Here’s What The World Title (And Olympic) Race Looks Like Post John Florence
How Kelly Slater has an Olympic chance and Gabriel’s positioning for Title Contention just went from 7 to midnight.
One must assume John Florence was deep in the midst of a dreamy, pain-killer haze as he punched these characters into his recent Insta post:
“I’m excited for this new adventure and everything I will learn along the way.”
But despite its origins, it was a typical sentiment for a man of his ilk. Wonderful positivity, great for the children.
But while John’s post downplayed it, his injury is a big deal (he’s already gone through surgery). The implications stretch far and wide.
And really, John likely couldn’t be fucked tapping that Instagram post; somebody surely did it for him.
Kolohe Andino is now the best surfer in the world
It does look odd, that sentence, and many of you will vehemently disagree. Yes, he’s still technically ranked second, and depending on results at J-Bay, may not even taste first position. But, in effect, he’s currently the highest ranked surfer in the ball game.
So, before Kolohe dons the unofficial top spot at J-Bay, let’s peer closely at the man and consider his chances. With high office comes great scrutiny.
PRO: He’s supremely talented: we know of his capabilities, you don’t qualify at eighteen without them. And while his past years have been a mix of good and bad, on his day, he’ll always be hard to beat.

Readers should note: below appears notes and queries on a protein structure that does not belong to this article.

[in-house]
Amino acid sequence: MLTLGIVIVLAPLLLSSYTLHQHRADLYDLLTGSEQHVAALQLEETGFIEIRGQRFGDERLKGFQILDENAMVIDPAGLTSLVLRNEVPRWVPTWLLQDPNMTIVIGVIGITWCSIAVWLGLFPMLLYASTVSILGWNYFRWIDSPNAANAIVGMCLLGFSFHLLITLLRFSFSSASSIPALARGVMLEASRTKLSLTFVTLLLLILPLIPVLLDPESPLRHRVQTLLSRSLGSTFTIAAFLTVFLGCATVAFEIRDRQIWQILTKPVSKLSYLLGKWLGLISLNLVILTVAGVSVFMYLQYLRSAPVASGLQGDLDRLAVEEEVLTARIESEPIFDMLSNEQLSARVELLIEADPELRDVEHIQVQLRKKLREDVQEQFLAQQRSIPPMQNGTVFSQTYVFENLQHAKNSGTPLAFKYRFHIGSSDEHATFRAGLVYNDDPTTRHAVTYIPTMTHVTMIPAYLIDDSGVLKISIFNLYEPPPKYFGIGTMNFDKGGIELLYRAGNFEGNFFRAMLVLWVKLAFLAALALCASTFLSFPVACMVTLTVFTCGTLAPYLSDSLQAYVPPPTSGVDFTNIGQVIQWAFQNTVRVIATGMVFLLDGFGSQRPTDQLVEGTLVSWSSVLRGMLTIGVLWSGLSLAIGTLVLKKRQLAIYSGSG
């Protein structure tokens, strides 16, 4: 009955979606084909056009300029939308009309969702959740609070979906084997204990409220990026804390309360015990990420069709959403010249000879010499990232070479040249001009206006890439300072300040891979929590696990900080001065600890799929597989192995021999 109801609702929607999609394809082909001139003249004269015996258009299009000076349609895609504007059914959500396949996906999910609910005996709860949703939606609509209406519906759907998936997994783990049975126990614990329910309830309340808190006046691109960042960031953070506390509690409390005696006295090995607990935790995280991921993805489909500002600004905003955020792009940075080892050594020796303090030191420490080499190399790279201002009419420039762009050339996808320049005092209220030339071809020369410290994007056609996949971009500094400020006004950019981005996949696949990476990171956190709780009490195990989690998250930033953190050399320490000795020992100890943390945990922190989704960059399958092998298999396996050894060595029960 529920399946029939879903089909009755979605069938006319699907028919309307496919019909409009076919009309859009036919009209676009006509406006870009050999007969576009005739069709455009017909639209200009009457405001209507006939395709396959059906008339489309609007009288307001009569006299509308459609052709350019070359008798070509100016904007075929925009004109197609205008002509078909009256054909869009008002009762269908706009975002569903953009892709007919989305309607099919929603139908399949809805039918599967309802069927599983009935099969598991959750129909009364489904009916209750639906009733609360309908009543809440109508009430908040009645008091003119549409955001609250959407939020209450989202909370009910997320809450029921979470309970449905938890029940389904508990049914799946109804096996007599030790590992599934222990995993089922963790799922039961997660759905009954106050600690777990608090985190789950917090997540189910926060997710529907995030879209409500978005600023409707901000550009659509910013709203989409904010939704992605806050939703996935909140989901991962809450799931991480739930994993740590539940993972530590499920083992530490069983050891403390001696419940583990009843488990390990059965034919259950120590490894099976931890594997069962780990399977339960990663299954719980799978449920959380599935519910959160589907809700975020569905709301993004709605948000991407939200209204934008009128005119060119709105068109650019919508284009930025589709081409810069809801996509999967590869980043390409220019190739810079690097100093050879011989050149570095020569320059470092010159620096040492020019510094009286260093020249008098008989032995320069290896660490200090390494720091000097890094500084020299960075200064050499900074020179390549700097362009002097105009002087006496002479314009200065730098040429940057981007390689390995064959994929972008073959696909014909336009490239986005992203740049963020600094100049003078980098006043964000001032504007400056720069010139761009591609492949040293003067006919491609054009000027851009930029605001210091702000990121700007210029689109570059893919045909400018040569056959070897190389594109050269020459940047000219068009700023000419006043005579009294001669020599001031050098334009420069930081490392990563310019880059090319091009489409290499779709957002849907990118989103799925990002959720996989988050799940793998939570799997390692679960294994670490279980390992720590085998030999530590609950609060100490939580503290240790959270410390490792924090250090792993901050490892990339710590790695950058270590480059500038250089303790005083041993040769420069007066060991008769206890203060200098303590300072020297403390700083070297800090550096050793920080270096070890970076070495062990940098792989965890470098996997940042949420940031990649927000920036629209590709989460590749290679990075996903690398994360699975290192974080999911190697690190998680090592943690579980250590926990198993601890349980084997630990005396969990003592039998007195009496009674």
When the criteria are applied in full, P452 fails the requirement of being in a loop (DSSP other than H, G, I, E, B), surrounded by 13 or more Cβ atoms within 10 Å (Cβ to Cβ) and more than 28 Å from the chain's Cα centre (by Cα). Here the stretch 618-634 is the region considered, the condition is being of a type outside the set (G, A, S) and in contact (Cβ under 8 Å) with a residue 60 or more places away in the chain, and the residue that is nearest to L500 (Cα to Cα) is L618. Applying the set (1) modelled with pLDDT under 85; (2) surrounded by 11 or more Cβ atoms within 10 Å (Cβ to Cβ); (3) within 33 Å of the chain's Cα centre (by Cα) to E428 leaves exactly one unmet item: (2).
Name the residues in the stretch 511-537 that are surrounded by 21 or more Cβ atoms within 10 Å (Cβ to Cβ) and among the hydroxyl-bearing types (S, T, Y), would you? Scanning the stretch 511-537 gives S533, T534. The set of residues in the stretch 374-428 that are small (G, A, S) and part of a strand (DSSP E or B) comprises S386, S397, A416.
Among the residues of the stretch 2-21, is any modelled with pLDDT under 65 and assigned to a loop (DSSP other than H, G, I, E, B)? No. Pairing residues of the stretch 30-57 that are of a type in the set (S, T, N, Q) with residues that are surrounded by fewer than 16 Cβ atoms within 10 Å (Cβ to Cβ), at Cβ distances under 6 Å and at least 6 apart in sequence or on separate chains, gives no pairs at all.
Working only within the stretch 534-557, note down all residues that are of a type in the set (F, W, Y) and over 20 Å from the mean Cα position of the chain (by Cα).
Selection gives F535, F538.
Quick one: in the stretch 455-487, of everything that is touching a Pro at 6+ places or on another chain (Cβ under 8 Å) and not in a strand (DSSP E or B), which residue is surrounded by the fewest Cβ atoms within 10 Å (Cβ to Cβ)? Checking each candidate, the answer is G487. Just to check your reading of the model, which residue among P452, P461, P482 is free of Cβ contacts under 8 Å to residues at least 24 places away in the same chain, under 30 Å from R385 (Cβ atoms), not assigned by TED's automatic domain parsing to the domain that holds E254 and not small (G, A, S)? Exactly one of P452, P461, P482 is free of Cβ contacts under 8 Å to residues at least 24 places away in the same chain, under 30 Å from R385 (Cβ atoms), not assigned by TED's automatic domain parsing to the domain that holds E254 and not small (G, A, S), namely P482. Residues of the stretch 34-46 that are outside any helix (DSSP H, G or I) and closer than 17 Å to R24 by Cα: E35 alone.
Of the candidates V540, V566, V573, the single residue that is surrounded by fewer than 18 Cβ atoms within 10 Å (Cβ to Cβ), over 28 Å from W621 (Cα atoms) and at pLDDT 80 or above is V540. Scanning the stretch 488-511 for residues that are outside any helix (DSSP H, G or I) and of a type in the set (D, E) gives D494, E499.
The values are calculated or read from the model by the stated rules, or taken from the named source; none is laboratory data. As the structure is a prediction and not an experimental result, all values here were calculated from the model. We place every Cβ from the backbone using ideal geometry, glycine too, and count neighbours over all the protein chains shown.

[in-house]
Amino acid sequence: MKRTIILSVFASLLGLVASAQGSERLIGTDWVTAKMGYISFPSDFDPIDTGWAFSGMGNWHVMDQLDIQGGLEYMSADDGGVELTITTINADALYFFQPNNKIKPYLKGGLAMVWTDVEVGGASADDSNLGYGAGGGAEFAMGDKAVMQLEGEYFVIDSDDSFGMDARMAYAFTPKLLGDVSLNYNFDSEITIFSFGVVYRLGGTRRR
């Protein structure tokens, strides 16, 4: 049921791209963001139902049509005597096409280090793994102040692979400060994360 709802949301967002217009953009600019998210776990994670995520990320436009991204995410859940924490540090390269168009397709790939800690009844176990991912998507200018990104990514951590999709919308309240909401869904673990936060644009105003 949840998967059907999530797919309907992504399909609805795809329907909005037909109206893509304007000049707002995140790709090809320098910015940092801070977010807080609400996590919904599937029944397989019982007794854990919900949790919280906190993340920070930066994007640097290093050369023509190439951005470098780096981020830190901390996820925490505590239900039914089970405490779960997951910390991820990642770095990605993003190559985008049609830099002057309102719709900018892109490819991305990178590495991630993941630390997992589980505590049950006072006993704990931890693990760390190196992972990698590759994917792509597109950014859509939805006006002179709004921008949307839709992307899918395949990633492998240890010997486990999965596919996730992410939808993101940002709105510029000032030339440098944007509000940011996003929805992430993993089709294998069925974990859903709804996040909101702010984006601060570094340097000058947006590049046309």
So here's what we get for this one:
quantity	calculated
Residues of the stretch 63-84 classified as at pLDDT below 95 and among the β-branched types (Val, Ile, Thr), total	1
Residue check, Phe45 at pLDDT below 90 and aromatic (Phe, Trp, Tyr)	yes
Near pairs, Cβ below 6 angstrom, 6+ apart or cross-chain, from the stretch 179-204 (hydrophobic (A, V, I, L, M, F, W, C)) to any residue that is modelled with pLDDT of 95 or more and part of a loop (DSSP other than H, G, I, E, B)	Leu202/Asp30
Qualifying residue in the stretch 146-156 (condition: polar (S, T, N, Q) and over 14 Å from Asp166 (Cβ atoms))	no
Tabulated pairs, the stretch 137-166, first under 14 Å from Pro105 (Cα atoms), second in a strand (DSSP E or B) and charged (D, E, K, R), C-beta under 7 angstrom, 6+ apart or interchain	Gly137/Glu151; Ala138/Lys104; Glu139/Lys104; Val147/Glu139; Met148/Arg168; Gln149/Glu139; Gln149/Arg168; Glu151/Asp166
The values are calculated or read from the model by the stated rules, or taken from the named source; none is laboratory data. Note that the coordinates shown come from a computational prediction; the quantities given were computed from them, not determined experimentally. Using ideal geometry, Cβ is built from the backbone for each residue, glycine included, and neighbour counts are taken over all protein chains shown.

PRO: Many of the title threat posse are MIA: As we approach the 2019 mid-point, John is out, Julian is likely done, and Medina’s on his knees.
PRO: He tends to finish better than he starts: for five of his seven years on tour, Kolohe has produced better results in the second half of the season, compared with the first.
CON: He’s never won a CT event: every world title winner in recent history (except CJ in the shortened ’01 season) has won an event on their way to title glory. Without a 10,000-point bundle in the bag, it makes a world title too difficult. It’s worth noting Kolohe has finished second twice, just missing that 10k bonus.
CON: His stats are not world title quality: if you compare Kolohe’s career numbers to those of recent world title winners, he’s a long way off the pace.
Filipe Toledo will likely win the Title this year
And for good reason. Results wise, Filipe’s start to 2019 is similar to last year, and given his past results at J-Bay compared with Kolohe, expect him to be in yellow post-South Africa.
Many punters still believe that Toledo lost 2018, rather than Medina winning it. If we look at Medina, Julian and Toledo’s last few results of the 2018 season, it’s hard to argue:
Medina: 3rd (France), 3rd (Portugal), 1st (Pipe).
Wilson: 1st (France), 5th (Portugal), 2nd (Pipe).
Toledo: 13th (France), 13th (Portugal), 13th (Pipe).
He’s coming off a win in Brazil, and about to enter a contest he’s won the last two years straight. Don’t expect Toledo to make the same mistakes as last year.
Gabby is officially back in contention!
While Stab recently ran a piece arguing that Medina was just about cooked for 2019, there was one important caveat to that prediction, being that John’s knee holds up. Which it hasn’t.
John’s departure effectively wipes 4,400 points (the difference between him and Kolohe) from the top of the leader board. This brings surfers who may have been out of touch with John’s lead back into the mix.